We’ve had a few days now to absorb the trio of mind-blowing pitching performances on the local big-league scene Wednesday, and still it’s difficult to settle on which was the most impressive.
Matt Cain, on the heels of a one-hit shutout in his first home start since signing his mega-deal with the Giants, squared off with the ridiculously consistent and efficient Cliff Lee of the Phillies at AT&T Park — and with zero margin for error, he ripped off nine more goose eggs, allowing two hits while appearing as stressed as John Nash helping a third-grader with his math homework.
That absence of margin for error, of course, was the result of Lee’s brilliance: 10 shutout innings, zero walks, 102 pitches and looking as though he could stay on to throw 1,002.
But while that duel was going down in crazy-compelling fashion in San Francisco, calling to mind epic matchups of Octobers past, Bartolo Colon’s outing for the A’s was the most aesthetically pleasing of the evening by far.
The final line — eight shutout without a walk, four hits allowed on the road vs. the Los Angeles Angels — wasn’t quite as impressive as what Cain and Lee put together, but Colon’s route to victory featured both a stunning 38 consecutive strikes thrown and an absolute clinic on the importance of movement and location.
He’d start someone with a pair of two-seam fastballs that moved what Angles star Torii Hunter suggested were running “30 inches.” Then, up 0-2 in the count, he’d ignore the conventional “waste pitch” and instead unleash an ungodly putaway pitch, a four-seamer — straight as an arrow — on the inside black that left the humbled hitter dejectedly trudging back to the dugout with a look of pure exasperation and amazement on his befuddled face.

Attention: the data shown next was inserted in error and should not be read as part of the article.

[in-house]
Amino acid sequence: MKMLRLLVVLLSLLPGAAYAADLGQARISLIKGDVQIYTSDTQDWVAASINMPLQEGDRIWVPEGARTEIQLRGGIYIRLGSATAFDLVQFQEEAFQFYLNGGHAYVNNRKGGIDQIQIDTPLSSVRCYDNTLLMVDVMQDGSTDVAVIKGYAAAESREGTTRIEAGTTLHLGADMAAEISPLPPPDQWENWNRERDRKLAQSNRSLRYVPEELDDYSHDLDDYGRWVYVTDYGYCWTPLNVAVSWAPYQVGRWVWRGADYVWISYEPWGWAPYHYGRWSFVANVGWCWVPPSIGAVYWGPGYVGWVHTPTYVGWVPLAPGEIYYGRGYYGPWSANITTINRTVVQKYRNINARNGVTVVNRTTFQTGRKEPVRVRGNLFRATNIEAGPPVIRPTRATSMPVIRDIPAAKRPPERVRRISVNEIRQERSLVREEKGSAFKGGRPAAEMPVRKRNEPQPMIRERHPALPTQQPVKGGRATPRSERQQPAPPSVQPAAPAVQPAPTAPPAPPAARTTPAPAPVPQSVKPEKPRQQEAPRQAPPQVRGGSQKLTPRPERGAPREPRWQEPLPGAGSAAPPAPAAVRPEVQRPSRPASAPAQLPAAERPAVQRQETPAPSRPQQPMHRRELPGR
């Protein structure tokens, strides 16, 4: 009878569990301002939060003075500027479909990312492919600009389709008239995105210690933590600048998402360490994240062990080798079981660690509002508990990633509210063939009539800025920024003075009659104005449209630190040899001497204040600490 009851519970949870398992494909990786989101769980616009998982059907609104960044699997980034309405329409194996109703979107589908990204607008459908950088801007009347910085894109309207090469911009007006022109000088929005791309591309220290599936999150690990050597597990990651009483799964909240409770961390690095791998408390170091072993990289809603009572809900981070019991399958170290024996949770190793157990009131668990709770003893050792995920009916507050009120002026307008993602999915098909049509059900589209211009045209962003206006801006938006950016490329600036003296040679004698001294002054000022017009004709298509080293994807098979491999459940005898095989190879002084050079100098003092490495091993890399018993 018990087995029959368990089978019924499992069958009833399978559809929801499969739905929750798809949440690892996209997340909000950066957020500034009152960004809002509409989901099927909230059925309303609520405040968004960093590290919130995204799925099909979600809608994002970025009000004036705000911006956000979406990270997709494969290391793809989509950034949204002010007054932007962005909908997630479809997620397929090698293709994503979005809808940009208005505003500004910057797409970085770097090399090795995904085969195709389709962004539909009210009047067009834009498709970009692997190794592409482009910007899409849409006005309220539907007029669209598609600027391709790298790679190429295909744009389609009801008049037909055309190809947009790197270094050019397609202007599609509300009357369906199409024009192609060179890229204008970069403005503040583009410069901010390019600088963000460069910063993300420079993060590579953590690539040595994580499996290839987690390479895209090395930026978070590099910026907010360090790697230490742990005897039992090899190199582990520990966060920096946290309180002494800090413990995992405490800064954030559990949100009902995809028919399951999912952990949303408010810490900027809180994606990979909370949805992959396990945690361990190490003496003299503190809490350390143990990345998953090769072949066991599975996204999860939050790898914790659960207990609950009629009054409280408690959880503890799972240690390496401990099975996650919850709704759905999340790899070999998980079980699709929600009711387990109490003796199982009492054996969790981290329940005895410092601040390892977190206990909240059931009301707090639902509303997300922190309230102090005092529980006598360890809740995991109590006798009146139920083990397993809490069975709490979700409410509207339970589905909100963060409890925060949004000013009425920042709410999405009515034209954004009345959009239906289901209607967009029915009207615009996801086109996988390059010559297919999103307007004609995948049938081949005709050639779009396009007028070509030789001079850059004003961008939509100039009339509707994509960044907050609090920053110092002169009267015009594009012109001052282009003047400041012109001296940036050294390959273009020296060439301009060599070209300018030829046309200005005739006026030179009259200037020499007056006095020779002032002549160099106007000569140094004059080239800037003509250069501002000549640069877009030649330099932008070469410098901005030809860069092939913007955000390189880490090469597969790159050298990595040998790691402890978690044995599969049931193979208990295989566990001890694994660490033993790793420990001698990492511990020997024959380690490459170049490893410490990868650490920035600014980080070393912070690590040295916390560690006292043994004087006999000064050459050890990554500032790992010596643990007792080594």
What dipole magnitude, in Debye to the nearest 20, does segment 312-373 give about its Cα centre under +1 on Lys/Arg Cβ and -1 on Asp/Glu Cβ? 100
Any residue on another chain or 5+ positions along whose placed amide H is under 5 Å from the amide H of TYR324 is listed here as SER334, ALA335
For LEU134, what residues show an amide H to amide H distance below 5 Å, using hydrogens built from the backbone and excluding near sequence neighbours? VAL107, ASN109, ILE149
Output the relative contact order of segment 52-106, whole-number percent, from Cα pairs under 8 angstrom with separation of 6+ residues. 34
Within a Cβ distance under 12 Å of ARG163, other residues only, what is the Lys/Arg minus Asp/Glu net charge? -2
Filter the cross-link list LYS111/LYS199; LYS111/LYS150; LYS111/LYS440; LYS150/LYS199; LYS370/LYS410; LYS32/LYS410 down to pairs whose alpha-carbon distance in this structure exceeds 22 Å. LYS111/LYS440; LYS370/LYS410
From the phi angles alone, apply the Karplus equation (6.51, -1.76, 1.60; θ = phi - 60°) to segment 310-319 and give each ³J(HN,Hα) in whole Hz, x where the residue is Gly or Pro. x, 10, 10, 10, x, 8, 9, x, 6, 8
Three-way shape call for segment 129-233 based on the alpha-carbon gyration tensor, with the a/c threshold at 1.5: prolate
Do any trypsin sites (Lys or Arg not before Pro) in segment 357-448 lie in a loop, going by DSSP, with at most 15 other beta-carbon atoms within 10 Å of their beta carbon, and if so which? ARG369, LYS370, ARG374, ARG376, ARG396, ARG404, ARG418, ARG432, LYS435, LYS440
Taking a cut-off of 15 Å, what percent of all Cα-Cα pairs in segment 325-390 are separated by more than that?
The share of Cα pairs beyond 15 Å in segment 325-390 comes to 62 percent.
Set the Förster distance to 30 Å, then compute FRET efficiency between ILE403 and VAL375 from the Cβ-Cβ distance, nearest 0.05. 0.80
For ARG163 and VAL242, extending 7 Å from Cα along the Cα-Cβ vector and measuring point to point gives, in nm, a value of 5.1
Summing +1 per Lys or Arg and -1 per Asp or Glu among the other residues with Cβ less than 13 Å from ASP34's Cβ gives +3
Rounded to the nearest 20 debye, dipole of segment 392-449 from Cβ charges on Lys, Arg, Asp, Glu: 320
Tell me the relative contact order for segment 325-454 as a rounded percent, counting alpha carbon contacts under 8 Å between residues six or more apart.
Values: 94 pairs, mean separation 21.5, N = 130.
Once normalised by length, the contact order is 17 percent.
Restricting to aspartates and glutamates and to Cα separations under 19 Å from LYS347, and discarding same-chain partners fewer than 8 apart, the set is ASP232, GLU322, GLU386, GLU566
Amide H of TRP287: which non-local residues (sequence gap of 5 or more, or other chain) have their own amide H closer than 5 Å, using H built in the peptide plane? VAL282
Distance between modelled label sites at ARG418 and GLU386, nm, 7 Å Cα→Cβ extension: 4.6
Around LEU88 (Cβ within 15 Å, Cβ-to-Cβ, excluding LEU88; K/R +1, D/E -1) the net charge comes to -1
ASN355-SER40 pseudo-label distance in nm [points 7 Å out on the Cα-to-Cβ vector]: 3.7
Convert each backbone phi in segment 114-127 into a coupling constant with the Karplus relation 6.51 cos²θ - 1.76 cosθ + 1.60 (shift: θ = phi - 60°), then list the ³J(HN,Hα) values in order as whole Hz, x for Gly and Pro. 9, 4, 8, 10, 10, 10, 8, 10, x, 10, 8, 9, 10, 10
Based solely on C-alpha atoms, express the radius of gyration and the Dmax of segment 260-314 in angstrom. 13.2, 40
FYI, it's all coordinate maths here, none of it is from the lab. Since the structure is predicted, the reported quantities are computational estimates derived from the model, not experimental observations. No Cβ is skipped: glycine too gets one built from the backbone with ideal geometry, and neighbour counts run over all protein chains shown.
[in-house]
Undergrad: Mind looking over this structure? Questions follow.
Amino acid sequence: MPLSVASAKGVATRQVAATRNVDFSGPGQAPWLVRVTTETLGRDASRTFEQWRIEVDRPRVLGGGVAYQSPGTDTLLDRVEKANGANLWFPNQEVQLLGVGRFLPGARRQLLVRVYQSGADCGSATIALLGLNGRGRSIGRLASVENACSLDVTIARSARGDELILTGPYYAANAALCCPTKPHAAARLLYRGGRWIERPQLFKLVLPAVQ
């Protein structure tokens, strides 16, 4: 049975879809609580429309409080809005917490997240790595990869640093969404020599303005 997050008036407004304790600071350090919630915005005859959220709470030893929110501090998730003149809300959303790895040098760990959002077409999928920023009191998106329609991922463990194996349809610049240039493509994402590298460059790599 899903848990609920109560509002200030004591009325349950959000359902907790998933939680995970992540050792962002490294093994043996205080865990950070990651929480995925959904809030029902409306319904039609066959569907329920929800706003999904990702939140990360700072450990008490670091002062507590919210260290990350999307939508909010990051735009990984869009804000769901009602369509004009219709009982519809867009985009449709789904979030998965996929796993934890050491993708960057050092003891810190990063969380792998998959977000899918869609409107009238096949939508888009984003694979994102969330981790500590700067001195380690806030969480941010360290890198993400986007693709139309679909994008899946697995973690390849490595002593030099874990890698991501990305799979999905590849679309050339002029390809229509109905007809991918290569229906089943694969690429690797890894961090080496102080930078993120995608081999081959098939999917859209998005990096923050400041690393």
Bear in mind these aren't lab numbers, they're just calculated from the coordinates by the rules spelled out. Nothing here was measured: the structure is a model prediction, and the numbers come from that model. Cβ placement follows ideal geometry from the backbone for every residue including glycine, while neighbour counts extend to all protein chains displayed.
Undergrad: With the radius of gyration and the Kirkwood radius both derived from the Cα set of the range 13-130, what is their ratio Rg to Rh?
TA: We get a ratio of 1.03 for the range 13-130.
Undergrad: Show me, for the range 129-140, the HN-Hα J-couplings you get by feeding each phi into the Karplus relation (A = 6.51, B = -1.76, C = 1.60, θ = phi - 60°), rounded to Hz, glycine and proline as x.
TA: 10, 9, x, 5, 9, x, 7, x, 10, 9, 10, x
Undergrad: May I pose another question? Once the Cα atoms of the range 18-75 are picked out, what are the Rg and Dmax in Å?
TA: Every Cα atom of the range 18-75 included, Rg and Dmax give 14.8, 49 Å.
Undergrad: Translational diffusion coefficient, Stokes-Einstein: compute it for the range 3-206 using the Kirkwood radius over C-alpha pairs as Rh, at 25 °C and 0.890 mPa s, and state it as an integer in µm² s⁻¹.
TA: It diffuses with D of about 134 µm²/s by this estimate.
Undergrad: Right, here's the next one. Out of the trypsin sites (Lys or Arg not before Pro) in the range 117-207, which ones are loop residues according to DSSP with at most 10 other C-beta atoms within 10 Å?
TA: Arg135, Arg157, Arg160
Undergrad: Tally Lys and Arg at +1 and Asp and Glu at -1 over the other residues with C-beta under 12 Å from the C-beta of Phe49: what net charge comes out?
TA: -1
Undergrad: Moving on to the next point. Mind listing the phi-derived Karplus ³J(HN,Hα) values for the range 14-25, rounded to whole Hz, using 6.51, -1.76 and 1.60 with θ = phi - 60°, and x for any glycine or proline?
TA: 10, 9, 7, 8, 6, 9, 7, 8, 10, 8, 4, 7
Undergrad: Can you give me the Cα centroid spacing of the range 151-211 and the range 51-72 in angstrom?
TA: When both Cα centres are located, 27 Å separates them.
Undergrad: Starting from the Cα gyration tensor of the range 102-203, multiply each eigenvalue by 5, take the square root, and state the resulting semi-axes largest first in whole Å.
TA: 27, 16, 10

Three different outings, three different styles, three insane displays of genius. Take your pick and you can’t go wrong, but for pure entertainment, I’m going with the big boy in green and gold.
THE SUMMITT OF BASKETBALL: Tara VanDerveer of Stanford is now the queen of college women’s basketball, and deservedly so, but before she takes the throne it wouldn’t be right not to take a moment and appreciate the incredible legacy of the outgoing queen.
Pat Summitt of Tennessee is — with all due respect to VanDerveer — what Tara wants to be when she grows up. And I doubt the Cardinal coach would take issue with that characterization.
Summitt became the first true and lasting star of the women’s game. You could make a case that Lisa Leslie or Cheryl Miller deserves note in that regard, but nobody can truly touch Summitt, who struck a fine balance between a take-no-prisoners-style on the court and an intensely loyal, parental approach to dealing with her players and their lives off of it.
She carried the same sort of charisma that the top men’s coaches do, and she also became the first female coach to merit serious mention as a potential coach in the men’s game itself.
Eight national titles, countless accolades after 38 years of greatness, Summitt exits with an untouchable legacy. Best of luck to her and her family as she faces the challenges associated with her affliction.
SPEED ROUND: The A’s Yoenis Cespedes continues to amaze, as do those critical of him. The guy’s hitting bombs, driving in runs and taking his share of walks. That’s what sluggers do, and a slugger what Cespedes is. A rookie slugger at that. ... Are the Warriors tanking, i.e., losing on purpose? Of course not. They’re pros. Losing on purpose runs counter to their very being. So let’s wink and call it rebuilding, shall we? ... And finally, Niners GM Trent Baalke has been incredible at his job since taking over, no question, but everyone takes a misstep now and then. Trent, buddy, it’s fine if you still want to be friends with Gregg Williams, but you might’ve wanted to keep that to yourself.
Mychael Urban, a frequent co-host of The Wheelhouse (10 a.m.-2 p.m.) on 95.7 FM The Game, can be followed on Twitter @BigUrbSports. His website is UrbsUnchained.com.